My youngest son is passionate about a lot of things, but diversity and equality is at the top of his list (along with dogs, basketball and BBQ ribs). His dad and I both love history – his dad more than I, and we do a lot of pondering in terms of African-American history. We are white, but grew up in small towns that were stations on the Underground Railroad. As a result, this son is a history and civil war buff and has already been known to wrangle on diversity topics with his peers.

I’ve had a packed several weeks as my studies to become an American Sign Language Interpreter or an advocate for the Deaf and Hard of Hearing has ramped up and become a challenge. This is a good thing. I have fallen back in love with a language that used to be a constant on my brain. I haven’t had time, or to be honest patience, with Facebook threads on anything other than photos of my nieces and nephews.

But,

this week, right around when I was trying to sort out if I should follow-up and ask my son if there is school smack talk about Ebola and ethnicity that is getting on his nerves or….

just roll with his reports about basketball season that has just started,

I started to see Facebook Memes and commentaries that are not funny about Ebola. I assumed that stupid comments would soon be flooding social media about my all time favorite presidential first lady who OWNs her awesome waistline, but jokes about intentionally funneling an epidemic into the Whitehouse?

No. Back off. Hold the phone.

And no. I won’t tolerate that.

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Abe selfie

Yes. I know. I’ve been told. There are a million and one ways to create the perfect Facebook filter – block this person, hide that feed, unfriend, refriend, IM, hide and filter my stuff.

Ignore, ignore, ignore.

(that thingy above Abe is an antique hearing aid by the way).

I’m trying to keep up with all of my options and create the most calming yet informative feed possible.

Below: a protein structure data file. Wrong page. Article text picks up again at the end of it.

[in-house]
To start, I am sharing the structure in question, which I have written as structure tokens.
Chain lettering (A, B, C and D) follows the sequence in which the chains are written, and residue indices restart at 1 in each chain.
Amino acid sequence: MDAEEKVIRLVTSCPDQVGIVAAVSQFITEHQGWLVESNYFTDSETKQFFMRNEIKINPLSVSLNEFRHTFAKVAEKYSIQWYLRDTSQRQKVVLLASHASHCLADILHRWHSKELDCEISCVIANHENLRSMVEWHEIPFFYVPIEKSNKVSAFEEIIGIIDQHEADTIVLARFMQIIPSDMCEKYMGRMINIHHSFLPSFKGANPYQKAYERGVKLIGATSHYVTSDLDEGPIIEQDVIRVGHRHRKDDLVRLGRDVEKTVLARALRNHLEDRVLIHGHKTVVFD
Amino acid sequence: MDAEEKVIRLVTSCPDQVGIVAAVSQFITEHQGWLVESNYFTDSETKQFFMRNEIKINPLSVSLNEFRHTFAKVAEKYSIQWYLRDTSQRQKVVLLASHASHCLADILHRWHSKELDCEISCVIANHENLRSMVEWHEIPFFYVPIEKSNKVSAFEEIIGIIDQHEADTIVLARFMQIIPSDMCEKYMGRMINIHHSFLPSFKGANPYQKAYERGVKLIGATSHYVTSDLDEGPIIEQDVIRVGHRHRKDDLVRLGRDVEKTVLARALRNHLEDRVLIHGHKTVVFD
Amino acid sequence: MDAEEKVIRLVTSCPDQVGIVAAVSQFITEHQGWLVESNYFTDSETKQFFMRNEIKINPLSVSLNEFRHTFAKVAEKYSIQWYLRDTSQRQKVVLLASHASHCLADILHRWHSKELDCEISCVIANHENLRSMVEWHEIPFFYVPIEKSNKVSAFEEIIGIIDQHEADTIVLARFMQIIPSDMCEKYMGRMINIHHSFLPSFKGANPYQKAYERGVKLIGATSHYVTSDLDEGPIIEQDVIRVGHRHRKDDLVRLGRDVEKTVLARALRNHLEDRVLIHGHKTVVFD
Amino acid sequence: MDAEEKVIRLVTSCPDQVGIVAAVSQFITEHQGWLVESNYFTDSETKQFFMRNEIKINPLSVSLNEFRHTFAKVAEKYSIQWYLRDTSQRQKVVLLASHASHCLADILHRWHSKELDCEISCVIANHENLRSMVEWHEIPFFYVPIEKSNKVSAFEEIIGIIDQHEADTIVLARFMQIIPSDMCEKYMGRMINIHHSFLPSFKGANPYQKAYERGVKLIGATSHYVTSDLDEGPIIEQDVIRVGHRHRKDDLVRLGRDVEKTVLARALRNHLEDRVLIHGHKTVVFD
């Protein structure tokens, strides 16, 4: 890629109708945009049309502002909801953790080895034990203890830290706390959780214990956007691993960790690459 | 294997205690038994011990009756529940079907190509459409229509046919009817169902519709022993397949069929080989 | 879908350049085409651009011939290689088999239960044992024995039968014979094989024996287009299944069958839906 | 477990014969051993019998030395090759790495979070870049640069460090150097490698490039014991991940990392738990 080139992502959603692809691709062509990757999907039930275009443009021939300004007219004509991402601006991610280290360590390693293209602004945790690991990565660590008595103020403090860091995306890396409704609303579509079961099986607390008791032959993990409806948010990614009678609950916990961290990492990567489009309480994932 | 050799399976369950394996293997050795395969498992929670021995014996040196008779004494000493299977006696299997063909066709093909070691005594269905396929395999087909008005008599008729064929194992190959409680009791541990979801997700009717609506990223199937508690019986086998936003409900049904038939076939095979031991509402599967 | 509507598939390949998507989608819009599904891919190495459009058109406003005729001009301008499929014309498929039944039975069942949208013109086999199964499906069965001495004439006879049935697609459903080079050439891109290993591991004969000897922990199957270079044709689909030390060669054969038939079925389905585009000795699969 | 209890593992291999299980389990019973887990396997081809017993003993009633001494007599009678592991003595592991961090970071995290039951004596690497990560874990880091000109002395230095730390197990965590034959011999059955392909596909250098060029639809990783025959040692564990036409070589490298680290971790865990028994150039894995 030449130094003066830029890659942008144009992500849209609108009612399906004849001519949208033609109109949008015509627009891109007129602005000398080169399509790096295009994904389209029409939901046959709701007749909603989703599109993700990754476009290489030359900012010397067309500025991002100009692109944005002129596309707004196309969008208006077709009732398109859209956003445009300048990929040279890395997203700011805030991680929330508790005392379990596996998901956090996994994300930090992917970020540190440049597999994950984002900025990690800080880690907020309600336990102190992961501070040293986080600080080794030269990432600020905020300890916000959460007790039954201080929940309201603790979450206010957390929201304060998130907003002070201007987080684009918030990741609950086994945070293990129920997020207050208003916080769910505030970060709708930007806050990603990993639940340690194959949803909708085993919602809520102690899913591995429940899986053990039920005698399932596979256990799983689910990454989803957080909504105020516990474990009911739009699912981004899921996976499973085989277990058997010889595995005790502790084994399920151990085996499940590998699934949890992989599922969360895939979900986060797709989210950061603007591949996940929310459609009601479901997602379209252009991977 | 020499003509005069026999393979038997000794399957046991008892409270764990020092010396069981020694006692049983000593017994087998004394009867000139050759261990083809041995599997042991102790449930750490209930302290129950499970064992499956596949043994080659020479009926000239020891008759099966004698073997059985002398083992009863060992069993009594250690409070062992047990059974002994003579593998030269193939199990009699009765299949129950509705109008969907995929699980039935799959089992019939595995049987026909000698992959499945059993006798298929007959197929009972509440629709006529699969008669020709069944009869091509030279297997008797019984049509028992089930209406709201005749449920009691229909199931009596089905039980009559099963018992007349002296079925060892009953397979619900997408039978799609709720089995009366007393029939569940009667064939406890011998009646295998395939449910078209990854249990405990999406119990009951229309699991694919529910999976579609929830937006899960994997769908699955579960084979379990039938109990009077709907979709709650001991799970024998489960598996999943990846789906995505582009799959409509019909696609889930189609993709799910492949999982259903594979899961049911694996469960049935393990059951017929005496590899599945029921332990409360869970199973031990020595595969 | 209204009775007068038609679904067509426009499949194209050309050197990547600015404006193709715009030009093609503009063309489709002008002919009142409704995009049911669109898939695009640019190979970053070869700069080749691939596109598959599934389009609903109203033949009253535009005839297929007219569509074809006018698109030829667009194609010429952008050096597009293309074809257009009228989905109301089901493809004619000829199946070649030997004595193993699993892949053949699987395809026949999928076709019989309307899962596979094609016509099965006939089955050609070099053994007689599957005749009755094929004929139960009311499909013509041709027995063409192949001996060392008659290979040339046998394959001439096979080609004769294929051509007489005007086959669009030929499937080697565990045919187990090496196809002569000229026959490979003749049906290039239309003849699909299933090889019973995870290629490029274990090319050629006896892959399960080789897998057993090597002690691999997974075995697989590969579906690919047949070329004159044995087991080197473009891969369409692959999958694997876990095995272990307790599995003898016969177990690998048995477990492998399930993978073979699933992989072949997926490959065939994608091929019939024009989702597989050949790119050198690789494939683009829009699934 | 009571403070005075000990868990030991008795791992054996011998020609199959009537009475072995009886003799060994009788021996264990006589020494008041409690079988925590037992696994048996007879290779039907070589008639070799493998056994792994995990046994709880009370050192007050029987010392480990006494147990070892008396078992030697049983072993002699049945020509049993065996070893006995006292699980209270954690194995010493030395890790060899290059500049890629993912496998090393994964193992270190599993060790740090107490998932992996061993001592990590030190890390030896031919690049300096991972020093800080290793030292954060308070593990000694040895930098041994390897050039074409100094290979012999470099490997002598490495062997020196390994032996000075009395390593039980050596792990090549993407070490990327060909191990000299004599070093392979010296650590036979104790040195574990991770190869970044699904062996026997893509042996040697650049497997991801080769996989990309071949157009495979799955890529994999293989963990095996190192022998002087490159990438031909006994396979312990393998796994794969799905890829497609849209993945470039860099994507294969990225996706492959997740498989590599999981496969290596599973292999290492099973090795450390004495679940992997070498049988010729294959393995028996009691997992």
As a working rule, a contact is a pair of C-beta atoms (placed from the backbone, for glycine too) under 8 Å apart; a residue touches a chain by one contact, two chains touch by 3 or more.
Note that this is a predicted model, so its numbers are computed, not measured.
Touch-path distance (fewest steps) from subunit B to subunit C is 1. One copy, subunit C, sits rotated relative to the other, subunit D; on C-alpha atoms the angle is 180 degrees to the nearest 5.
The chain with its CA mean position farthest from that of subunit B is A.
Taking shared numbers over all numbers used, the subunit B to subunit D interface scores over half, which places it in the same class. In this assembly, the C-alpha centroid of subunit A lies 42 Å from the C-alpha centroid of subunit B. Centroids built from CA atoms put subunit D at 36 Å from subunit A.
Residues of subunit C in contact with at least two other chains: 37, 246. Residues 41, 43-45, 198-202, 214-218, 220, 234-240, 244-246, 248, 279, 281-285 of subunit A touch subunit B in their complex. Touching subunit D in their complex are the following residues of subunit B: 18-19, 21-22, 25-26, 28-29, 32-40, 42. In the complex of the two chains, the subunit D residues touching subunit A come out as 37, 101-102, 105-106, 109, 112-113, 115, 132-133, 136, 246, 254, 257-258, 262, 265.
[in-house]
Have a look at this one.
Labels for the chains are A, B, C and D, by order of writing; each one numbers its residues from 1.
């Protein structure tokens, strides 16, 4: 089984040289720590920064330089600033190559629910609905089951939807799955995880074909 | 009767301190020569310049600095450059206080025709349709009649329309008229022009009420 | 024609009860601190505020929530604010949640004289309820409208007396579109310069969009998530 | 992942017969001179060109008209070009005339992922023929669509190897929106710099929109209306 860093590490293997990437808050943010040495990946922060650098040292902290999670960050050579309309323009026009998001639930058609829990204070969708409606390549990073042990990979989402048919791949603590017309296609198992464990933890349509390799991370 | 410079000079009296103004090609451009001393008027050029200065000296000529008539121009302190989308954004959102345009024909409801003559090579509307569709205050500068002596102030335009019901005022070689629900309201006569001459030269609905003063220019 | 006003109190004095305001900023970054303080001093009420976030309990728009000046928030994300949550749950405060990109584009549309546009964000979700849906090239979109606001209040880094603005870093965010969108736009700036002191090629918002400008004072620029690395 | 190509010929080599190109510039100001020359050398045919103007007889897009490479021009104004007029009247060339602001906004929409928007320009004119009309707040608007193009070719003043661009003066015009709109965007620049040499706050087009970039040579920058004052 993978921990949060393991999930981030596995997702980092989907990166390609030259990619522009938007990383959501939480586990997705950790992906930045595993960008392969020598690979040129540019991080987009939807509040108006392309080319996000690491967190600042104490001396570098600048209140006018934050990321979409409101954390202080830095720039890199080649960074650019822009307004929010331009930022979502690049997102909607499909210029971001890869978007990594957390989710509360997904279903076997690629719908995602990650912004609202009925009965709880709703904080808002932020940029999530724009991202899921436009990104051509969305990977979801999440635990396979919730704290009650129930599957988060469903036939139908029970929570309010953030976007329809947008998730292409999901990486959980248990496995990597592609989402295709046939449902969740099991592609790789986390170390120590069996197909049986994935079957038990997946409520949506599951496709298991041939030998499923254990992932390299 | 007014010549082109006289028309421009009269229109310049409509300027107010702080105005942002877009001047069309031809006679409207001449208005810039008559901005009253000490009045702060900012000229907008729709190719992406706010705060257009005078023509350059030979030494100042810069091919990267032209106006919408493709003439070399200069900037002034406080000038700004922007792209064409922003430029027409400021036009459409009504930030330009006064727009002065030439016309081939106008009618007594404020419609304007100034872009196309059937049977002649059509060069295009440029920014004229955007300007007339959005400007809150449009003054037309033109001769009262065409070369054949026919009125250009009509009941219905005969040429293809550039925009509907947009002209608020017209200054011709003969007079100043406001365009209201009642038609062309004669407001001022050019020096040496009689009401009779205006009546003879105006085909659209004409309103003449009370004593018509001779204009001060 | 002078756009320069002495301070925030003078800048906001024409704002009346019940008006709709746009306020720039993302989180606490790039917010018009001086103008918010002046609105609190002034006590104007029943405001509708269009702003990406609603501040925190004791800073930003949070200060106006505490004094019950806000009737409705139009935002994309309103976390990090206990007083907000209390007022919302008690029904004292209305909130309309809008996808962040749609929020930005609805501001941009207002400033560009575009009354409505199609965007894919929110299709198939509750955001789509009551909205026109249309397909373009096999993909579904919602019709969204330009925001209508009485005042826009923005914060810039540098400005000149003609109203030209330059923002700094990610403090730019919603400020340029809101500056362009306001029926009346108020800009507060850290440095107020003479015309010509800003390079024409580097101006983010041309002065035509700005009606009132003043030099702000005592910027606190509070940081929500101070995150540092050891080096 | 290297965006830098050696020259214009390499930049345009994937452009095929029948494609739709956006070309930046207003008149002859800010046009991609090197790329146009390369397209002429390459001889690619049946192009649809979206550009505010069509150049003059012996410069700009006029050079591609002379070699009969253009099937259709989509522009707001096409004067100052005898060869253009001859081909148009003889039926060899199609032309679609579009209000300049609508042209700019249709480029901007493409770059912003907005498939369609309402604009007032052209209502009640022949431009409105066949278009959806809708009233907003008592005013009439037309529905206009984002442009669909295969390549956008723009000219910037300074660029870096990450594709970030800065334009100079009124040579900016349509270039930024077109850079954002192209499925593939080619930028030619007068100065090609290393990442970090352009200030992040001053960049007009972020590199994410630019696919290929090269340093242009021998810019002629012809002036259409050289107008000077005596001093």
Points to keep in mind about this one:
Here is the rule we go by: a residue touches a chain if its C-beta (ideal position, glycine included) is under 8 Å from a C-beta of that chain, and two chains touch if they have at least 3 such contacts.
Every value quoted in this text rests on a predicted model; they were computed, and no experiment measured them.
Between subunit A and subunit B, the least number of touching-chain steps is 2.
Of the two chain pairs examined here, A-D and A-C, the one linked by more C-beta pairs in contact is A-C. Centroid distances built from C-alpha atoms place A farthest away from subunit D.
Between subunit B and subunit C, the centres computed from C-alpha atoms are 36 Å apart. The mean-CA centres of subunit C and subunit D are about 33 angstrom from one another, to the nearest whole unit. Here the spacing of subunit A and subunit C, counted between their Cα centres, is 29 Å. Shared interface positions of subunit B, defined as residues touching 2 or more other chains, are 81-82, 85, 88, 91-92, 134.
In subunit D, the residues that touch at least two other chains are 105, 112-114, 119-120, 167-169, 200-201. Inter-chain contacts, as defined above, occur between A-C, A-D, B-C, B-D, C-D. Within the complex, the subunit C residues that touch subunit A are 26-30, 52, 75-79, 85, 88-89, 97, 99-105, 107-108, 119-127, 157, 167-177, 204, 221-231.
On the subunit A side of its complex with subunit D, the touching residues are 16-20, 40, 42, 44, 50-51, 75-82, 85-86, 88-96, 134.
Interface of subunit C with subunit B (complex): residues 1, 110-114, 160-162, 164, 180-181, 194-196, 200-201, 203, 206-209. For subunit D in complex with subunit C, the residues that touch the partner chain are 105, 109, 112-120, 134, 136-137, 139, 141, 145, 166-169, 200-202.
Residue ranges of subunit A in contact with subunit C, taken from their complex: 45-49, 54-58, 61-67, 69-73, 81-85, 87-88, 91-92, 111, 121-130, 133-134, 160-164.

Once again though, like many of us, I feel like just leaving Facebook altogether. I do need to stay connected to family and all of the supplemental readings for my classes are shared videos in a private FB group, so I need to stay connected there on some level.

I’m being told that there are ways to not go through the drama of “unfriending” and just hide someone’s posts and then still have the ablitiy to stop by their page and check on their photos or have a quick instant message chat.

But, you mess with my sons and you mess with me, and I am already fed up on this particular side spread of predjudice and political garbage as a result of this immunology international concern.

At any rate. That is my rant.

And here is my recommendation if you aren’t sure what to do about this news that is in our every headline:

GET A FLU SHOT.

get a FLU SHOT.

Go GET a flu shot!!!

(and read this great article sent to me by a cherished friend who is a lauded expert in Pediatric immunology and related international concerns:

http://www.nytimes.com/2014/10/15/opinion/frank-bruni-scarier-than-ebola.html?_r=0 )

We all have immune deficiant folks in our lives. Grandma, new babies, a friend with cancer or arthritis. Did you know that viruses are one of the top causes of hearing loss? Quite often the loss can be profound and permanent. Strange eh?

So spend the 25 bucks and reduce all of our worries please. CVS is currently giving a huge coupon along with it and our grocery store is giving away free gasoline.

And then do whatever it is that you do to try and manage stress and anxiety. Two minutes of kitchen dancing, an hour of screaming at the Steelers (against them preferably and in favor of the Bengals) , a triple scoop of ice cream – do it every once and a while. But when you are done, I ask you kindly to think long and hard about what you are saying in front of young children about Ebola and African plagues and immigration. I’m talking about in your house, AND in the grocery line of strangers.

This generation has enough going on as it is.

Don’t pity them that “this” is their world –

please protect them by managing your anxiety

privately amongst adults

or in your journal or with your pastor or,

Yoga instructor or Family Physician.

If you have stuck with me thus far on my ramble, thanks. I feel better now. A lot better. I miss having time to blog! It is fun for me.

As a token of my appreciation check out this adorable video about the excitement of the start of school :

http://d-pan.org/videos/dpanvideos/whitestripes/

Or this one about a little girl named Tamara who loves her mom to the moon and back again:

http://t.co/496jMBSB6D

Have a great weekend. Peace! Kate